Council approves 2020 budget
If there was contention regarding the city’s proposed budget, residents didn’t show it at Tuesday's Burleson City Council meeting, where, after no one spoke at the public hearings, the Council unanimously approved the city’s budget for the 2020 fiscal year.
The budget, which focuses on cost containment, employee compensation and the enhancement of public safety response capabilities, states the city’s total expenditures in the next year will be $100.2 million; Burleson’s first $100 million budget, according to City Finance Director Rhett Clark.
The city’s total revenue will increase to over $102 million, nearly $6 million more than the previous fiscal year. Sales tax revenue is projected to rise to nearly $10 million, a 10.3 percent increase from last year, with sales tax comprising 24 percent of Burleson’s total revenue.
Burleson will eliminate two full-time positions - deputy city manager and senior planner - in its cost containment efforts, saving $373,000 by doing so.
Clark said the city has reduced non-public safety employees by 22 percent over the last 10 years in an effort to make efficient use of taxpayer money.
In order to enhance public safety response capabilities, the budget allots money for three new police officer positions, a police records clerk, a victims assistance coordinator, an additional firefighter position at Johnson County ESD No. 1, Station 83, and more overtime funding for the paramedic squad at Fire Station No. 1.
Overall, the budget states a net increase of 6.5 full-time equivalent positions from 2019, for a total of 397.83 full-time equivalent city positions for the upcoming fiscal year.
The Council voted to lower the property tax rate from $0.7350 to $0.7200 per $100 valuation, with over half of the revenue going toward maintenance and operations and the remaining toward debt service.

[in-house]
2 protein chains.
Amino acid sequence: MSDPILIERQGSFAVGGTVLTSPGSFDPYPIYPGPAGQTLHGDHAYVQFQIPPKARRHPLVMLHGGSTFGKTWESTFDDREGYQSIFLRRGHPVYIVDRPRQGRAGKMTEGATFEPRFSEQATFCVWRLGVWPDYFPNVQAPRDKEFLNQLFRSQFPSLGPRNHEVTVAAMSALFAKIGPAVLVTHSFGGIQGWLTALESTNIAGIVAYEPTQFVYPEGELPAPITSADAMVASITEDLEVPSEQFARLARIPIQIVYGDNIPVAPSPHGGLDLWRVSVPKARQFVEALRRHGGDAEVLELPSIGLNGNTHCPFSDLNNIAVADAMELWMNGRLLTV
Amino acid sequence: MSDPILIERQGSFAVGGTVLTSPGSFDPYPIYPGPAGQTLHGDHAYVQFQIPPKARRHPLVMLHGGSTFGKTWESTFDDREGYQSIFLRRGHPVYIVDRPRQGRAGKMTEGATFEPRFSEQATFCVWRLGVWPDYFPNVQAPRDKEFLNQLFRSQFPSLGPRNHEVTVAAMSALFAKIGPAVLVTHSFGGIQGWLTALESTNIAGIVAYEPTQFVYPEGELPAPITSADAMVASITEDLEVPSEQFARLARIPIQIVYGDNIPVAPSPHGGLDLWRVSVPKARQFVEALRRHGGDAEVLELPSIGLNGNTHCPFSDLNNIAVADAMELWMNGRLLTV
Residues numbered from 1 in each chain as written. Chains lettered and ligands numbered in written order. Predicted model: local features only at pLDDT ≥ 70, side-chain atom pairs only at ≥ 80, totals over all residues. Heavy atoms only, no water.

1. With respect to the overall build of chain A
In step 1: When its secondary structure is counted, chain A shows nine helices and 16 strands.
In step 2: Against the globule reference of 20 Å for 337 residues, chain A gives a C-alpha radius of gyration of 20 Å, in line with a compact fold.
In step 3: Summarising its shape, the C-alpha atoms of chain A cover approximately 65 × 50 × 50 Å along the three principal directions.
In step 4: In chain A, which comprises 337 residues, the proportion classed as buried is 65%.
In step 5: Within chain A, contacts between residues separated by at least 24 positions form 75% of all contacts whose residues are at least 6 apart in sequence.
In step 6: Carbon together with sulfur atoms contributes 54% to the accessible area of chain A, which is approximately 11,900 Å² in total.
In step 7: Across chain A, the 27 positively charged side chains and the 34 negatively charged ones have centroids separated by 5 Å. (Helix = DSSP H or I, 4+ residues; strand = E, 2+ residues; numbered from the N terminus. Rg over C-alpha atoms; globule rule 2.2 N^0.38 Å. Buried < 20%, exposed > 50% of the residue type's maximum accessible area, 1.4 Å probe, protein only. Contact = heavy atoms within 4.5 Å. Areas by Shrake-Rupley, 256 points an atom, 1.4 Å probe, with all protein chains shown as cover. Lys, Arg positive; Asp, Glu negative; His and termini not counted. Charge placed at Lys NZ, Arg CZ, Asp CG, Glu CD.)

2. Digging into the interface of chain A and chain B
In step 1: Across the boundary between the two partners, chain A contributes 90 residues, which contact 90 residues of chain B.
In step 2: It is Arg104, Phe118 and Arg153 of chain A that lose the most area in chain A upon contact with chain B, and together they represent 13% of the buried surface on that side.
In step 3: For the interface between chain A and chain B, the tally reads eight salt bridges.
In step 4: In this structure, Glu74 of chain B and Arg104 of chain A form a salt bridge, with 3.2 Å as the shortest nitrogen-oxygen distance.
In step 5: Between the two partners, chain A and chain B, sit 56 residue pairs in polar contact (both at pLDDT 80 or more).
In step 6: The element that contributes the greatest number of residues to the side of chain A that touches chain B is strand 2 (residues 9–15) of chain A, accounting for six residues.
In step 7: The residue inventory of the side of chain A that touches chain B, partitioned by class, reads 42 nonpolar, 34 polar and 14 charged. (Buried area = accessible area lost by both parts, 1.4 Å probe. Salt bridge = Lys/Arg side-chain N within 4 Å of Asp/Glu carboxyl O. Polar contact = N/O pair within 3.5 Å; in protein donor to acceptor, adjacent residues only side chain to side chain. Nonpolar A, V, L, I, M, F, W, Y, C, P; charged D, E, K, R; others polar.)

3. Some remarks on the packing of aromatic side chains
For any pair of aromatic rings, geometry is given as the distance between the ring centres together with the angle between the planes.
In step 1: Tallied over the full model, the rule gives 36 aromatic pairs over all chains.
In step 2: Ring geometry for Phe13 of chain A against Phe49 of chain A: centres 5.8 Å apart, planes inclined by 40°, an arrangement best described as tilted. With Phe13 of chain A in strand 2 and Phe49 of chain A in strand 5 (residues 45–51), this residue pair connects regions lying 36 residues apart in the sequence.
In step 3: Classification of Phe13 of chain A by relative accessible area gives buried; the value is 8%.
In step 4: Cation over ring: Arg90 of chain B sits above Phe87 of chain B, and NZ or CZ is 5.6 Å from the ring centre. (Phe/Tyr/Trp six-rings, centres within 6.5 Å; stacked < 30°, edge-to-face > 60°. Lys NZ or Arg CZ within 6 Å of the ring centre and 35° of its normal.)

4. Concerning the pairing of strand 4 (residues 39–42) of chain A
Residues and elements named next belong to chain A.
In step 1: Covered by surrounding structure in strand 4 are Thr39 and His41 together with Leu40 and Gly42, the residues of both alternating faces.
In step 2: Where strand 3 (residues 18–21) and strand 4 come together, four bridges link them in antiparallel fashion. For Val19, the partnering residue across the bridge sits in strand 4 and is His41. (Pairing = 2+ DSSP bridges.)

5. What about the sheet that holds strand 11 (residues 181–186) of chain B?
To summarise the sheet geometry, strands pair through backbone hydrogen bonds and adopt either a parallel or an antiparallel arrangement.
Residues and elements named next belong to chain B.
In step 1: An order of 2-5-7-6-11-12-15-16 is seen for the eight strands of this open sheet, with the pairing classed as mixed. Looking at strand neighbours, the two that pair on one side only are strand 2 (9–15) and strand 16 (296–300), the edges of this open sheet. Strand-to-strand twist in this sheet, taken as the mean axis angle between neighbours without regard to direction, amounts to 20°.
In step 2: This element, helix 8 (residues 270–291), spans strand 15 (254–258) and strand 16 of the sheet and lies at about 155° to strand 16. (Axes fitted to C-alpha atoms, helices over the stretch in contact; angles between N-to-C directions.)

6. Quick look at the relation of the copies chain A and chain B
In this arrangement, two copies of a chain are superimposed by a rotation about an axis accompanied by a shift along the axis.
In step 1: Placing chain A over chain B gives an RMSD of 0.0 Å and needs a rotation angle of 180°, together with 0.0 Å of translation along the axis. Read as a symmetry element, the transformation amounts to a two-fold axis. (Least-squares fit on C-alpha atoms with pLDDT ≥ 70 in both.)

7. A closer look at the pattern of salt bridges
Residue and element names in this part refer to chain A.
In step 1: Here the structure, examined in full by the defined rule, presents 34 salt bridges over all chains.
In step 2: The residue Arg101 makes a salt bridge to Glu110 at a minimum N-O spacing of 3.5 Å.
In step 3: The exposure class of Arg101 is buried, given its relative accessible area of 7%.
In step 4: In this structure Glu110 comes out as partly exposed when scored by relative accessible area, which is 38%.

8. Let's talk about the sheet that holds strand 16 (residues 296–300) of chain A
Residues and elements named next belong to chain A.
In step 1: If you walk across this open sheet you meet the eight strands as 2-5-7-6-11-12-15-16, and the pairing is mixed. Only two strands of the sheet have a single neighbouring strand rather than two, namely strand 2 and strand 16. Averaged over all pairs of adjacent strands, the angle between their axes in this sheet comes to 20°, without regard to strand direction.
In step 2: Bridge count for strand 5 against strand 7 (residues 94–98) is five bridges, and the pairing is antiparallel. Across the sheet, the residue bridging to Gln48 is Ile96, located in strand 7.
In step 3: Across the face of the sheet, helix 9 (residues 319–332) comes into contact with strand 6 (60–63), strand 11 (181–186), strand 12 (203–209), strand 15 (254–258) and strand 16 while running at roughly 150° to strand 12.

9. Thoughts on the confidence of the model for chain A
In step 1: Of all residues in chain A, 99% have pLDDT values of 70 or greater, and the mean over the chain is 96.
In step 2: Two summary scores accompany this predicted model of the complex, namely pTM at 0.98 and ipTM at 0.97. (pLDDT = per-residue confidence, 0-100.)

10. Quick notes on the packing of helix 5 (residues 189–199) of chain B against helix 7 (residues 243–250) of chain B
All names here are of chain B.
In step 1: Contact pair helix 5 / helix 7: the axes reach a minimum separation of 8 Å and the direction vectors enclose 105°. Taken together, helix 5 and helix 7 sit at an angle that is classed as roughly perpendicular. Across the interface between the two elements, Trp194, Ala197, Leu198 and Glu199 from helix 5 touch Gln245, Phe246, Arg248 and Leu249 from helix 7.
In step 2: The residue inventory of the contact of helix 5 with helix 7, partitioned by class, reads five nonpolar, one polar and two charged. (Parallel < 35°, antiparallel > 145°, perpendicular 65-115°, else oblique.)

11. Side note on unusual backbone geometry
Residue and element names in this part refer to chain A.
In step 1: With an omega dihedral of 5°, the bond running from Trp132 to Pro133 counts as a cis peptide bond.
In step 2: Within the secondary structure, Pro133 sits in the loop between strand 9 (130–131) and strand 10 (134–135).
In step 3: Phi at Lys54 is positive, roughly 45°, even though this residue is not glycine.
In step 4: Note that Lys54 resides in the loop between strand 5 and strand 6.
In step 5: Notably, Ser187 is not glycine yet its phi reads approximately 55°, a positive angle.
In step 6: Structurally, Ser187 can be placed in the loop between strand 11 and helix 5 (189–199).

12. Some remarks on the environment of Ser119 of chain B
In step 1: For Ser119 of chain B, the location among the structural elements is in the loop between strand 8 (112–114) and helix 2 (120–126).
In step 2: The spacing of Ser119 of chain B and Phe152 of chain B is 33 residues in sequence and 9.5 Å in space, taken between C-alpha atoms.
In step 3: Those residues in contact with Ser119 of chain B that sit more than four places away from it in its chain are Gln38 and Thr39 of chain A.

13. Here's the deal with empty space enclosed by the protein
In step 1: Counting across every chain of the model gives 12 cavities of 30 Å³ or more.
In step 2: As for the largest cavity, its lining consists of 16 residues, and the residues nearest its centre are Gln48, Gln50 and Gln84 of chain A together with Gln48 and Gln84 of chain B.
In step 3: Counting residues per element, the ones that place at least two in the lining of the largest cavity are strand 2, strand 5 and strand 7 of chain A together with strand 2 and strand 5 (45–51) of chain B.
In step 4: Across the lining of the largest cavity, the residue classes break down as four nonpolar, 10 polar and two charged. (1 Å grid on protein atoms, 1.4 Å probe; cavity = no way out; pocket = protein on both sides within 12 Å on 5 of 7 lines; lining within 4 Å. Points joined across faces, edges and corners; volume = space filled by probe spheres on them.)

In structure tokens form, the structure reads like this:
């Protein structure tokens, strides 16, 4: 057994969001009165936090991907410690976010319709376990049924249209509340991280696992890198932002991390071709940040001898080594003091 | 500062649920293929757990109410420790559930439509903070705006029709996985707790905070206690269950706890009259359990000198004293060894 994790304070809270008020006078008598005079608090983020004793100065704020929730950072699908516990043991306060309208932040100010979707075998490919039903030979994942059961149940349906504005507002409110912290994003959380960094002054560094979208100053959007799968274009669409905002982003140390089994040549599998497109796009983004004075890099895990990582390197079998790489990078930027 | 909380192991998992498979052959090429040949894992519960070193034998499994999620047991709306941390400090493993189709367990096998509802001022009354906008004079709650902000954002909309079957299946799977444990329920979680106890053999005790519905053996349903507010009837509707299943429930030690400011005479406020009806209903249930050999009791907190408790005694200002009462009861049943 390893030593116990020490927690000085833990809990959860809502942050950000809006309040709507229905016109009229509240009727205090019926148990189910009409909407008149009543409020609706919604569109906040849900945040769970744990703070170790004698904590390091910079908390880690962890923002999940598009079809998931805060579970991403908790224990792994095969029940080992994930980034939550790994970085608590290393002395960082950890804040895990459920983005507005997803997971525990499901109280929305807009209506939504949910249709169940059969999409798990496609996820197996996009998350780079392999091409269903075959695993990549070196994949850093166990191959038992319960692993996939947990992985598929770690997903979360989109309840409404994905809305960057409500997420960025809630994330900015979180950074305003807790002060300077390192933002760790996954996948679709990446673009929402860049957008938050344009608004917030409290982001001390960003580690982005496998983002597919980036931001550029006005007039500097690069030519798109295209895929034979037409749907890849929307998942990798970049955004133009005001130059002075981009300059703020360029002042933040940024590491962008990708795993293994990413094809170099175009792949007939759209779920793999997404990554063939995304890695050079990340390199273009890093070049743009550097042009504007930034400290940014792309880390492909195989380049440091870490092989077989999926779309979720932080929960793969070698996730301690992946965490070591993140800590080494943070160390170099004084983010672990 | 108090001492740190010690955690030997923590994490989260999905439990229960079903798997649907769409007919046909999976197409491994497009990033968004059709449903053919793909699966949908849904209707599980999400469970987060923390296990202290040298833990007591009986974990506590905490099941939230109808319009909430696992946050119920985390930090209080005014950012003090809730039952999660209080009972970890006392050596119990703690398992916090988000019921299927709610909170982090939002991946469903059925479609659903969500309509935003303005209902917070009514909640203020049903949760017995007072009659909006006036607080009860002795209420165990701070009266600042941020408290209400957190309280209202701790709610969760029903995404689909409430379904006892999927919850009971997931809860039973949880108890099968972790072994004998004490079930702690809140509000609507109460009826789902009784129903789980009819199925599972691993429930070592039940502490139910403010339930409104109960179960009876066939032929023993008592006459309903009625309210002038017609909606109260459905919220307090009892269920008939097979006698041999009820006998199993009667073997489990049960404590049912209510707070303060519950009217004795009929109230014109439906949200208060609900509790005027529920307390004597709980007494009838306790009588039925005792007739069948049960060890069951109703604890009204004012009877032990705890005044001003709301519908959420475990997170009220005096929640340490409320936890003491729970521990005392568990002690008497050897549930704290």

Despite the rate decrease, Burleson will raise more total property taxes than last year by $693,567 - a 2.86 percent increase in revenue. Due to appraisal values, which are determined by the Central Appraisal District, many homeowners’ property taxes will rise.
When the Council was preparing to approve a decrease in the property tax rate, the council member who motioned to do so was required by Texas law to state that the measure would increase tax rates. Councilman Todd Hulsey said although he’s required to say it, it’s a lie.
“I’ll second that lie,” Mayor Pro Tem Dan McClendon said after Hulsey finished reciting his state-mandated motion.
Mayor Ken Shetter said when the state and federal government maintain the same sales and income tax from year to year, effectively causing people to be taxed more as they spend and make more money than the previous year, no one requires them to call it a tax increase.
Shetter said although the property tax system is “unfair” and “painful,” the Texas Constitution only allows local governments certain sources of revenue - property taxes being one of them.
“I will happily implore our state leaders to find a better way to fund local government,” Shetter said. “You find it, we’ll be happy to utilize it.”
“I would like to say, officially, to state legislators, to the governor, to the lieutenant governor - get off our backs,” Shetter said. “Quit trying to decide, to dictate how local government does its business.”